Lowndes – Echols Ag News

UGA Cotton Team Newsletter July, 2018

Considerations for Cotton PGR Programs (Mark Freeman)

 

Due to the extended rainfall that most of the state saw during the planting window, Georgia’s cotton crop is extremely variable. Within close proximity or adjacent fields we can find blooming cotton next to 1 and 2 leaf cotton. Because of this variability, making any “one size fits all” PGR recommendation is impossible and any PGR decisions must be made on a field by field basis.

 

So what do PGRs do? Contrary to what many may think, mepiquat does not cause the plant to produce more flowers or bolls. What is can do is limit the amount of vegetative growth which may enhance fruit retention in lower nodes. This early node fruit retention will help with “earliness” or a quicker maturation of the crop, which tends to benefit later planted cotton more so than early planted cotton. Excessive vegetative growth can also decrease harvest efficiency, decrease coverage of insecticides and fungicides below the canopy, decrease below canopy airflow (which may increase risk of foliar diseases and boll rot), and excessive shading of the lower canopy which can impact the fiber quality of bolls of the lower portion of the plant.

 

When making decisions on a PGR management program careful consideration should be made on several key factors. The first and most important factor is current crop condition. Is the crop growing rapidly or is the crop stressed in any way (usually drought stress)? One way to determine the crop’s growing condition and growth potential is to look at the top five nodes and internodes of the plant. This is the region of the plant were current growth is happening, and any application of mepiquat will have an effect on. If internode lengths between the 4th and 5th nodes from the terminal are longer than 3” then this is a sign that the plant is growing vigorously and a mepiquat application is likely required.

 

Other factors that should be considered are current soil moisture and future rainfall predictions (mepiquat should not be applied to cotton under any drought stress), a particular field’s history for producing cotton with rank growth, fertility program and available nutrients in the field, and cotton variety. As we know, not all cotton varieties are the same. Some varieties may exhibit strong vegetative growth potential where as others may not need aggressive PGR programs. UGA Extension Agronomists work each year to classify new varieties based on their growth potential and how they respond to PGRs. This classification chart can be used as a guide for growers who may not have experience with a particular variety and how to manage it correctly. The 2018 version of this chart can be found on the ugacotton.com webpage here: http://www.ugacotton.com/2018/01/relative-plant-growth-regulator-requirements-for-cotton-varieties-updated-for-2018/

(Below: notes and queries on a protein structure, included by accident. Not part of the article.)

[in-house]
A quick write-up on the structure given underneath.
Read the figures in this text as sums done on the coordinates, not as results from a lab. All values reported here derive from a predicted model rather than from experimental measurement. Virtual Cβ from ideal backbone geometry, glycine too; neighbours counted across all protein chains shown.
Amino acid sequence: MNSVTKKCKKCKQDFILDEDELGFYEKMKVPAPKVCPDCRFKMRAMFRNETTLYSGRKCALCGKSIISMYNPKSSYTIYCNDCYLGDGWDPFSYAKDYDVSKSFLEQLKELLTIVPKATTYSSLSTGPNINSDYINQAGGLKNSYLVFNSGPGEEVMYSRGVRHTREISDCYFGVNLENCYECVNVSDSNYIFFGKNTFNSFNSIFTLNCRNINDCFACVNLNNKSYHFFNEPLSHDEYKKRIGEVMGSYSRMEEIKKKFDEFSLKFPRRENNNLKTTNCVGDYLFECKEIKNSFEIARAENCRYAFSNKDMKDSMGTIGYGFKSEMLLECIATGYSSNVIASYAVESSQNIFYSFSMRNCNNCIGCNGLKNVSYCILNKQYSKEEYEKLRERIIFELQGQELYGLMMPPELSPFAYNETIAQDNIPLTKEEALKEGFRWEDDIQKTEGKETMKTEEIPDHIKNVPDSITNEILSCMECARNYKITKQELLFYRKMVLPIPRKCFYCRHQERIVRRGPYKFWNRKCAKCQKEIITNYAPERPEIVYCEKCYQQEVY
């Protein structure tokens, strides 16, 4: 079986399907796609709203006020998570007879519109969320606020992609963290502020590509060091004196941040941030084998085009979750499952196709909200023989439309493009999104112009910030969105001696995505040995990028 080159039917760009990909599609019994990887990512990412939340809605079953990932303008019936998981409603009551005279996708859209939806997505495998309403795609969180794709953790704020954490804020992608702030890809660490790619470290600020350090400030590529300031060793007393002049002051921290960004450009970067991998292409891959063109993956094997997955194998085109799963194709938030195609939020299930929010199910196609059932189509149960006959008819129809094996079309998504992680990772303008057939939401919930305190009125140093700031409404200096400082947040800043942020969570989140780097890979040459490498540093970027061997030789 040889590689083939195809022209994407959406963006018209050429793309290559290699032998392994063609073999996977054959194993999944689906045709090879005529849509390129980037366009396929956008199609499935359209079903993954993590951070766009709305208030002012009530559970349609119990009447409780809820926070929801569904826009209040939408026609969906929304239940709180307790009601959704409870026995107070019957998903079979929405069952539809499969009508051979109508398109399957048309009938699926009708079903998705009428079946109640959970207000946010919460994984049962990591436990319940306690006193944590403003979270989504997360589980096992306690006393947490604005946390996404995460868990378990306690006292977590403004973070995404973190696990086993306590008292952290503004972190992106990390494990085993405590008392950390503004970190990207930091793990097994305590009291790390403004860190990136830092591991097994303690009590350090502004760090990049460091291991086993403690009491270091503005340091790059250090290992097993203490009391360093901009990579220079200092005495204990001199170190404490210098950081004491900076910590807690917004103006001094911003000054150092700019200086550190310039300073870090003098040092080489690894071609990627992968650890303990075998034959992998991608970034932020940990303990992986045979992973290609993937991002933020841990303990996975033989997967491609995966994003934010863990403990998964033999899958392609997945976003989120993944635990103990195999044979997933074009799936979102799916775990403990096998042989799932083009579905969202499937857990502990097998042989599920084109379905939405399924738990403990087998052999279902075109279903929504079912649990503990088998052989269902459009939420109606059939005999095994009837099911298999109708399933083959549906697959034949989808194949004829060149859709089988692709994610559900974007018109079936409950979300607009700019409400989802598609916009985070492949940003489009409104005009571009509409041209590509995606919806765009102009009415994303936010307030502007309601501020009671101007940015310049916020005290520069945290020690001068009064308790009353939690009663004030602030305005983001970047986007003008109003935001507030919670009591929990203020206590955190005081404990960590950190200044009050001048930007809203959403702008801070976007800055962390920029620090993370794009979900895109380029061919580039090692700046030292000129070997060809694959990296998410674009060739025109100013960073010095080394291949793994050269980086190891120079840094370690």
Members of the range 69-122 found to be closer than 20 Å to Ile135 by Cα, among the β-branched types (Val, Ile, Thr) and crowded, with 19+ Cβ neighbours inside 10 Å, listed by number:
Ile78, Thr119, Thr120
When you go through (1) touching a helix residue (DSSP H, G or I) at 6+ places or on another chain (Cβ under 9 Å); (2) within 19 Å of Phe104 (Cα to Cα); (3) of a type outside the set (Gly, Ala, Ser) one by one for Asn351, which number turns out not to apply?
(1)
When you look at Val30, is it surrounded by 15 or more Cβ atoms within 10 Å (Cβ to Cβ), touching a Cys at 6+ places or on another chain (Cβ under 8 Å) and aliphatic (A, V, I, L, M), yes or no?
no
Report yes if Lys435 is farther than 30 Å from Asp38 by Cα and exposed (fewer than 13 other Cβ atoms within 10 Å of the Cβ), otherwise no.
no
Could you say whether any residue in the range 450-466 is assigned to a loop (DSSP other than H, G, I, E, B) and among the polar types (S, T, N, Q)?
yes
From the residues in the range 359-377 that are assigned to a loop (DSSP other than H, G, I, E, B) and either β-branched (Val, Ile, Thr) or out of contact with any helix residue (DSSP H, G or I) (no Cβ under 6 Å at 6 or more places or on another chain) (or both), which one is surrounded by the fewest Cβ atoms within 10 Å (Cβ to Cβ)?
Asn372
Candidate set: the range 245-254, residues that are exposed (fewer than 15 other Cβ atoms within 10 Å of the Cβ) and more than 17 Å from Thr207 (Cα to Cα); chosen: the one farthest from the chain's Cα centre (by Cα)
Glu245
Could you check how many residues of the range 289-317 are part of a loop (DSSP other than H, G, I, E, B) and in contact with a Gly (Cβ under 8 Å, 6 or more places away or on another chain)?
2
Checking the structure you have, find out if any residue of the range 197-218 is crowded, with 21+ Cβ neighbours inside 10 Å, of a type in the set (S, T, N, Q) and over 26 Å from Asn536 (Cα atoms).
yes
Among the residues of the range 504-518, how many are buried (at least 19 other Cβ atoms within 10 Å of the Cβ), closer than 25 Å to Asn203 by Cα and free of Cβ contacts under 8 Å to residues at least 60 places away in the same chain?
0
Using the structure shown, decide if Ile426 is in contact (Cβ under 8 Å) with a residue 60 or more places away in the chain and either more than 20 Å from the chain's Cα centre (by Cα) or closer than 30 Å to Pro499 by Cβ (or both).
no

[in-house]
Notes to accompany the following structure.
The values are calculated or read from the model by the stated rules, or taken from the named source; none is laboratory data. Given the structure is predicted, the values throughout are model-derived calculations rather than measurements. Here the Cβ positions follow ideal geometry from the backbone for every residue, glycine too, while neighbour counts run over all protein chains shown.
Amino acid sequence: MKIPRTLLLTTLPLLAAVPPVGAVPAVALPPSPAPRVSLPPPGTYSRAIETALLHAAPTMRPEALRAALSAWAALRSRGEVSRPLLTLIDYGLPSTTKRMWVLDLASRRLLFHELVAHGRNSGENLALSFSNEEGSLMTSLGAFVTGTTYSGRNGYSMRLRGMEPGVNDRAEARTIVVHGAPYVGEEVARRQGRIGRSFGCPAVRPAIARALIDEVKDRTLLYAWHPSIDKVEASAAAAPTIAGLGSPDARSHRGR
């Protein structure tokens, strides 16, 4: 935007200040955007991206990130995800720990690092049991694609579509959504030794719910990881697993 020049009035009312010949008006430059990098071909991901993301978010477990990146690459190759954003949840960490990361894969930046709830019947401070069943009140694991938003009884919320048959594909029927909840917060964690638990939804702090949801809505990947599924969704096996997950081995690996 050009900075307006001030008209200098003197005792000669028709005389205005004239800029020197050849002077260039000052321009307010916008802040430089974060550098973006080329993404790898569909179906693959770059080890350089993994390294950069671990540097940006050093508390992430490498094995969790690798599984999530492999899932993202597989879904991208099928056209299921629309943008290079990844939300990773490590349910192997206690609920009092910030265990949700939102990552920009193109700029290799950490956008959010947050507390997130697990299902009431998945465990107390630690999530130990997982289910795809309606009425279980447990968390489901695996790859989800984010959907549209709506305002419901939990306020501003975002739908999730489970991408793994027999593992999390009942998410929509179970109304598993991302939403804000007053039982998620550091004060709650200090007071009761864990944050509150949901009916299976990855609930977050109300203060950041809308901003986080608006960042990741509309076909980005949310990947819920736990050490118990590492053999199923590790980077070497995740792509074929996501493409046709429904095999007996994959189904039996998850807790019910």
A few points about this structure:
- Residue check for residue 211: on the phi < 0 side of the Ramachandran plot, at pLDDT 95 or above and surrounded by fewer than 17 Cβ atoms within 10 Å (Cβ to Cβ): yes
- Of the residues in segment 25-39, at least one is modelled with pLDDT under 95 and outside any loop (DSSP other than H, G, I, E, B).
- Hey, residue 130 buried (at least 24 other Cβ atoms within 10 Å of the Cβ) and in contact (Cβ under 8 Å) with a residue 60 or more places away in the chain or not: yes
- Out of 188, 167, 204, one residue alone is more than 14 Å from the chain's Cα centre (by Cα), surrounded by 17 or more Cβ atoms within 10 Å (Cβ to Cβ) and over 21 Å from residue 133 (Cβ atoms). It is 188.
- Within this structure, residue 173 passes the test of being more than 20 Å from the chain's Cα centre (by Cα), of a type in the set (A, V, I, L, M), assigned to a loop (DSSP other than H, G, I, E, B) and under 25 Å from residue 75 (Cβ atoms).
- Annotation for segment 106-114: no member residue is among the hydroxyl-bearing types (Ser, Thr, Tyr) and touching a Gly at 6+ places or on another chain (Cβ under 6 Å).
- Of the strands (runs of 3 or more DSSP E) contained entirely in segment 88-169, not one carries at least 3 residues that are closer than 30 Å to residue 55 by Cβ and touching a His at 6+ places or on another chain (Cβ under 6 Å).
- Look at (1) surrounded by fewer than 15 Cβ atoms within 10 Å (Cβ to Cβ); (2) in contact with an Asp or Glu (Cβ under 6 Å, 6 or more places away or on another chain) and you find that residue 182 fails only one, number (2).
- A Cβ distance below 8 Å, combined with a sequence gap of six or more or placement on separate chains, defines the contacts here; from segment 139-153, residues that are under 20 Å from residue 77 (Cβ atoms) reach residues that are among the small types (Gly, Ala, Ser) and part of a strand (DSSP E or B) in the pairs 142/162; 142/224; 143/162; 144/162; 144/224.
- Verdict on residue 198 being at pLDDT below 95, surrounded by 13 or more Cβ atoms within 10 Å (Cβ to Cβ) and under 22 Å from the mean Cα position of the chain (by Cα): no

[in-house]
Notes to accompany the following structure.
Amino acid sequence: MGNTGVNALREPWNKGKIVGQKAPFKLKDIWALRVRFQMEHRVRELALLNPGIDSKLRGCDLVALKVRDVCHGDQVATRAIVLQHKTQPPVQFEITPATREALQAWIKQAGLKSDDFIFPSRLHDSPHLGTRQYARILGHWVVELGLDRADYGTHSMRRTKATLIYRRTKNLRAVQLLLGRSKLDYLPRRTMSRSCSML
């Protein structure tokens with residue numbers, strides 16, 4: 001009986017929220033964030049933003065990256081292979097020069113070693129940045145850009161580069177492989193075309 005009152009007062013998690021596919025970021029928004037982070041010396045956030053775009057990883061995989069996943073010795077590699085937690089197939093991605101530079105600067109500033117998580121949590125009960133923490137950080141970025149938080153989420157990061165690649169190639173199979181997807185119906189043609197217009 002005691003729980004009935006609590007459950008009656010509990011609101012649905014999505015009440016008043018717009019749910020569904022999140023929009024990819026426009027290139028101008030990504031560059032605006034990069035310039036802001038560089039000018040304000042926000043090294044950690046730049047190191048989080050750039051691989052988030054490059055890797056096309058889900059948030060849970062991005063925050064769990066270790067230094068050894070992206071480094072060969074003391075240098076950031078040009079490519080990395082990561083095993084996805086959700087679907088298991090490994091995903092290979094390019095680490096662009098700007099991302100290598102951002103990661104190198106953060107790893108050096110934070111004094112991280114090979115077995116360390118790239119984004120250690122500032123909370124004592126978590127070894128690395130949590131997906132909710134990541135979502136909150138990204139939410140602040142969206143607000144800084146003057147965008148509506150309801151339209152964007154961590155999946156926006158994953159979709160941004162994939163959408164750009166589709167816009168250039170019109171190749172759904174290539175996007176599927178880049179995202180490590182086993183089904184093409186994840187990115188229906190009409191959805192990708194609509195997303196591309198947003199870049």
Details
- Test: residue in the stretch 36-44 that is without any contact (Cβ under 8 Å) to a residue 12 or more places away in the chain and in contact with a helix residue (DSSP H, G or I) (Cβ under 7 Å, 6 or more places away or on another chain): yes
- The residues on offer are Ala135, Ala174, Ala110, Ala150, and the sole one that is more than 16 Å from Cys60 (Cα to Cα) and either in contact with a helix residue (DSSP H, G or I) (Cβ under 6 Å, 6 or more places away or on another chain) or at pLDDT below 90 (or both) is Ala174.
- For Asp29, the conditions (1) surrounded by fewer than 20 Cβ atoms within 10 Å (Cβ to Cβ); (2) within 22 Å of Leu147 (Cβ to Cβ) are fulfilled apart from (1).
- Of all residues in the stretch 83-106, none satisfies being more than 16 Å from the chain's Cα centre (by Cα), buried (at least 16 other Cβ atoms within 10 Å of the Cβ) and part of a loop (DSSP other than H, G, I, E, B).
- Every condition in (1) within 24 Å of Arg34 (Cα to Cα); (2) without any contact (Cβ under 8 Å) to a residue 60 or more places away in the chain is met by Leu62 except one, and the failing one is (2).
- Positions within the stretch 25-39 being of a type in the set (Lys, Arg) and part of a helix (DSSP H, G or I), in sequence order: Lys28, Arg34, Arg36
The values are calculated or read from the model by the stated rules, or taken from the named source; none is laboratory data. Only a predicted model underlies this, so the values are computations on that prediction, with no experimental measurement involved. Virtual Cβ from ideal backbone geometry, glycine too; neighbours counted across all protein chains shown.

Rate and Timings:

The rate of mepiquat needed is directly related to plant size and rate of growth. If pre-bloom applications are needed (usually only with an aggressive variety and under optimal conditions for vegetative growth) rates should most likely be between 4-8oz/ac. Early-bloom application rates may range from as low as 8 oz/ac up to 24 oz/ac if rapid plant growth is occurring and internode lengths are exceeding 3”.  One often over looked aspect of the PGR program is the timing of the sequential application following the early-bloom application. It is important to continue to monitor the growth of the plant after application and initiate the follow-up application around 14 days after early-bloom.

 

Remember that there is no “one size fits all” program and that these recommendations should only be used as a guideline. Every field has a unique variable and growers must look at the “whole program” and all of the “other factors” to determine what PGR program is best for their crop.

 

 

Fertility (Glen Harris)

 

Sidedressing N (and K?) and  Boron

 

What is the best source of nitrogen to sidedress cotton with? And are liquids better than solids?  I get these questions all the time and there is not a real clear answer.  It reminds me of cotton varieties, i.e. we have a lot of good ones but overall some may be better than others. Also, what works the best in one area or operation may not work the best in another.  If you are using solid or granular N sidedress fertilizer your choice is basically between ammonium nitrate or urea. Neither of these contain sulfur so ammonium sulfate is often blended with them.  Ammonium nitrate is less concentrated and usually more expensive. However, in research trial it out yielded urea and was the more consistent performer. Ammonium nitrate also has more burn potential than urea.  Urea plus ammonium sulfate blends don’t always spread evenly and can “streak up” a cotton field.  A relatively new fertilizer material, called Amidas (by Yara) is urea and ammonium sulfate homogenized and spreads very evenly. It is a 40-0-0-5.5(S) and is a little more expensive than the blend but performs very well.